The Communist Manifesto

I’ve spent a good part of my life talking about how great it is to live in America and how Communism is bad.  I studied sociology and knew that there were different political systems and different economic systems, but I never really ventured to study them in depth.  I never contemplated a bigger meaning of it all or how it all fits together.   One day, while talking smack about Communism and the Communist Manifesto I was asked “have you ever even read it?”  Ah, such a simple question.  It was hard to make an argument about something I hadn’t even read.  The answer was obviously no;  I had not read the Communist Manifesto.  Now that I have read it, I’d like to give my take on it.

There is a fundamental flaw in the Communist Manifesto in that it is not a stand alone idea.  It is not an idea conjured from a blank sheet of paper.  It is born as an “Anti-Capitalist” philosophy.  In order to succeed, a philosophy should fundamentally parallel a natural process in some manner and be able to stand alone.  This is no different than the evolutionary principles of natural selection in the wild:  those which are not best adapted to succeed eventually die off.  A sociopolitical philosophy based entirely on unnatural principles while intoxicated with a hatred of Capitalism is one that is destined for failure.   It’s not entirely difficult, however,  to see the seductiveness of a “new” concept when the discord of the “old” concepts are described so accurately and succinctly.  But, the Communist Manifesto does not do much more than describe the struggles of previous ruling class / working class dichotomies.  I find weakness in this document in its utopian sales pitch even as I cannot find much argument in the cycle of proletarian uprisings and revolutions that are evidenced within it.  My belief is that the struggles and revolutions of all the societies that have gone before us are perhaps better viewed as part of our natural evolution as human beings.  An analogy comes to mind to describe what I think I would say to Karl Marx and Friedrich Engels if they were alive today:  don’t throw the baby out with the bath water.

Continue reading “The Communist Manifesto”

The Blind Side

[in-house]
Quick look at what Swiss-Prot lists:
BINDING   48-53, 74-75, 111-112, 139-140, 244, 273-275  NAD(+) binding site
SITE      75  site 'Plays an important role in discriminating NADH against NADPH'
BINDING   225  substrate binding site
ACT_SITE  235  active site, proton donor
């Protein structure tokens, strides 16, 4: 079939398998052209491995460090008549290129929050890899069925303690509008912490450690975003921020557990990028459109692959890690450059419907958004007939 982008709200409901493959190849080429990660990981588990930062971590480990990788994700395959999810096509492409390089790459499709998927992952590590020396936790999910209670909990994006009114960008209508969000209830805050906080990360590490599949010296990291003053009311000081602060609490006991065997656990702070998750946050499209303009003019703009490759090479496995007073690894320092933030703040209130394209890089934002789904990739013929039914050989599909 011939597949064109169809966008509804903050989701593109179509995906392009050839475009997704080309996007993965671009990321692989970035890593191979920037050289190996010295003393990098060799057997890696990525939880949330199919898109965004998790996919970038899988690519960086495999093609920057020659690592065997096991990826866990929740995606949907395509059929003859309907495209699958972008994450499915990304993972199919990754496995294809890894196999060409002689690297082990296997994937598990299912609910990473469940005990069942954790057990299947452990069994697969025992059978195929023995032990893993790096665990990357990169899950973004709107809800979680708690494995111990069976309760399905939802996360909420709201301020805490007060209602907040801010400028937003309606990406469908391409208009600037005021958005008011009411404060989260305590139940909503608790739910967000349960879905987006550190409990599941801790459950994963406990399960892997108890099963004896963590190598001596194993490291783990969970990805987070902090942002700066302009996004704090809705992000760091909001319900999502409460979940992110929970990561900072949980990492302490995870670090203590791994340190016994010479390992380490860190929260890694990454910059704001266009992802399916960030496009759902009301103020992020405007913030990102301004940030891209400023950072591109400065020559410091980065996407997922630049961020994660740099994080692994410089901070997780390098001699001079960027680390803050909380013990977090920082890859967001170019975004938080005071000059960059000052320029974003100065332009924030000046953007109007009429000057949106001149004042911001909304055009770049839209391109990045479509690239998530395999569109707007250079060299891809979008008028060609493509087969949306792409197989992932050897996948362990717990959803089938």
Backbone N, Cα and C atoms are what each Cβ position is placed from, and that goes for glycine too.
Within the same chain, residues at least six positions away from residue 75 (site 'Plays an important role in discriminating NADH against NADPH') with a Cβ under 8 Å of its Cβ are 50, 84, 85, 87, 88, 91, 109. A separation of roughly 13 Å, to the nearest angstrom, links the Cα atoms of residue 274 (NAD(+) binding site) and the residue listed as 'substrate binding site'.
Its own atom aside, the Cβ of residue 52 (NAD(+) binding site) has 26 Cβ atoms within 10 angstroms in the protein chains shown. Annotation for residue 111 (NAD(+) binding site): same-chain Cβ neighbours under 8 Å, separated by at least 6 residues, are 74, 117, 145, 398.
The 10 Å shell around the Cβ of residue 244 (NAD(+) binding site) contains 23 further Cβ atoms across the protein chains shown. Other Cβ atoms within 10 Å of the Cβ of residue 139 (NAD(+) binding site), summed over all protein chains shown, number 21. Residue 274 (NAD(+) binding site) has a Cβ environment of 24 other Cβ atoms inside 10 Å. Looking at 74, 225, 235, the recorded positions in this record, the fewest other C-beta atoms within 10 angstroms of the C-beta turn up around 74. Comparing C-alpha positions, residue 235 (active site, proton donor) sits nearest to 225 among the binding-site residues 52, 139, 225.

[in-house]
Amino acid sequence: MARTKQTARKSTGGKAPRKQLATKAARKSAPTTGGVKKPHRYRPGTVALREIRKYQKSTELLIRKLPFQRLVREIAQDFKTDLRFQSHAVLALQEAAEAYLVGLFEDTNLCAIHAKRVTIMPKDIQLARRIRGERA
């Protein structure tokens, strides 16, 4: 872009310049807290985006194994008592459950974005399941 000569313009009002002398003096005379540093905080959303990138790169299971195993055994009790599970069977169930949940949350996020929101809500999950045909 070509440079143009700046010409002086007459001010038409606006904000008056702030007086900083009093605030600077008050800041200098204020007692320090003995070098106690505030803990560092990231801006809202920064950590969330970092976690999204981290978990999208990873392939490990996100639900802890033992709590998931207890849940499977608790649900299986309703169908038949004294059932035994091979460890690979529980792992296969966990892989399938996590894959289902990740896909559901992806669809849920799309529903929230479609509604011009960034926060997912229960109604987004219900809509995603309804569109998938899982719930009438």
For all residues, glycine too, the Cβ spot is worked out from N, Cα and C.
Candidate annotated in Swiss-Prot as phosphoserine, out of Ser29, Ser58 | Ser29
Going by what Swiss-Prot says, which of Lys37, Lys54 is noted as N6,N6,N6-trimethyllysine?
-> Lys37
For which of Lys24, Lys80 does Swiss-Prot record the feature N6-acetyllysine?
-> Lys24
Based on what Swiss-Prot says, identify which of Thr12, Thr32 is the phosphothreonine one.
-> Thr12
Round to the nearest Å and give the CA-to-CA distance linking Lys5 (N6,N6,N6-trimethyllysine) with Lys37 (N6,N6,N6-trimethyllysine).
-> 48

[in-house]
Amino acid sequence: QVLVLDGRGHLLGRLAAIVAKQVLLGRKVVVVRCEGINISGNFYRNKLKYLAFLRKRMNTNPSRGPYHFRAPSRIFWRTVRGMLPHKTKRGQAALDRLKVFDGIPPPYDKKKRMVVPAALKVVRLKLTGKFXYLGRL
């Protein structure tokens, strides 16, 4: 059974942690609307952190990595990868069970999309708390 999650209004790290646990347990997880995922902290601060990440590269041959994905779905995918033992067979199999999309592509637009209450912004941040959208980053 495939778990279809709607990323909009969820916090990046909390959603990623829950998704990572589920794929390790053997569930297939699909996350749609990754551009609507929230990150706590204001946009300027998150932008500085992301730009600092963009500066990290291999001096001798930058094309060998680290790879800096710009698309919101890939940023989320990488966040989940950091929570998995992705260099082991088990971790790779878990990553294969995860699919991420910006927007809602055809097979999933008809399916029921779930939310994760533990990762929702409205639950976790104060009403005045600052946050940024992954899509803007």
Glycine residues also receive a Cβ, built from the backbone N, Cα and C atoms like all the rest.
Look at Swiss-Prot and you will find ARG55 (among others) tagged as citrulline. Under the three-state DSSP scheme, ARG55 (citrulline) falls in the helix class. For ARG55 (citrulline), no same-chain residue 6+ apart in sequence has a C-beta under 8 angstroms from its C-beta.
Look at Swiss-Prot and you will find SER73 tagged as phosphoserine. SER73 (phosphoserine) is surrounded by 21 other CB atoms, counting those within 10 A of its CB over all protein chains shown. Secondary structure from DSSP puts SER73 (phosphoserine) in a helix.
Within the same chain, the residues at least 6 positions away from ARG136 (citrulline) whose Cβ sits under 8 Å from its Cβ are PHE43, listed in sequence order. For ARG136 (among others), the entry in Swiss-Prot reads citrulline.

It’s been hard for us to put a movie into the DVD player lately for fear of it sucking.   My wife has been busy grading school papers after we’ve put the kids to bed.  My work is non-stop.  We do our best to make time for the kids to get outside, et cetera.  When The Blind Sidecame from Netflix, I was squeamish.  It was that same monotonous feeling I’ve been having about how I can’t afford to waste time on movies that suck.  My watch/return ratio (i.e. the number of movies I watch to the number of movies that don’t suck) is somewhere around 5 to 1 and that is with a lot of upfront diligence on reading reviews, talking to friends, and listening to opinions on the radio.  And, I’ve only written a handful of movie reviews and I usually only write about the ones that really strike me; this is one of those movies.

Was the movie trite?  No.  Was it predictable? Yes.   The word tritekept occurring to me again and again throughout this movie.   I enjoyed the movie right from the beginning and I knew exactly how the story was going to go.  I had an inkling of what the movie was about with regard to Michael Oher’s story and the fact this movie was based on that true story.  Yet, even if it wasn’t, you would have been able to guess exactly what was going to happen.   This story was a just a real life example of a 100 year old tried and true Hollywood formula.  But, and this is a big but, it didn’t matter.  The story was brilliant.   I suppose this is why the word trite kept popping in my head.  How can a story so realistic (forget about the Hollywood dramatizations – the story in general) be trite?  How can human compassion for others in need be trite?  How can this story be considered trite?  It can’t.  It isn’t.  And, it’s dismissive to think so.

Continue reading “The Blind Side”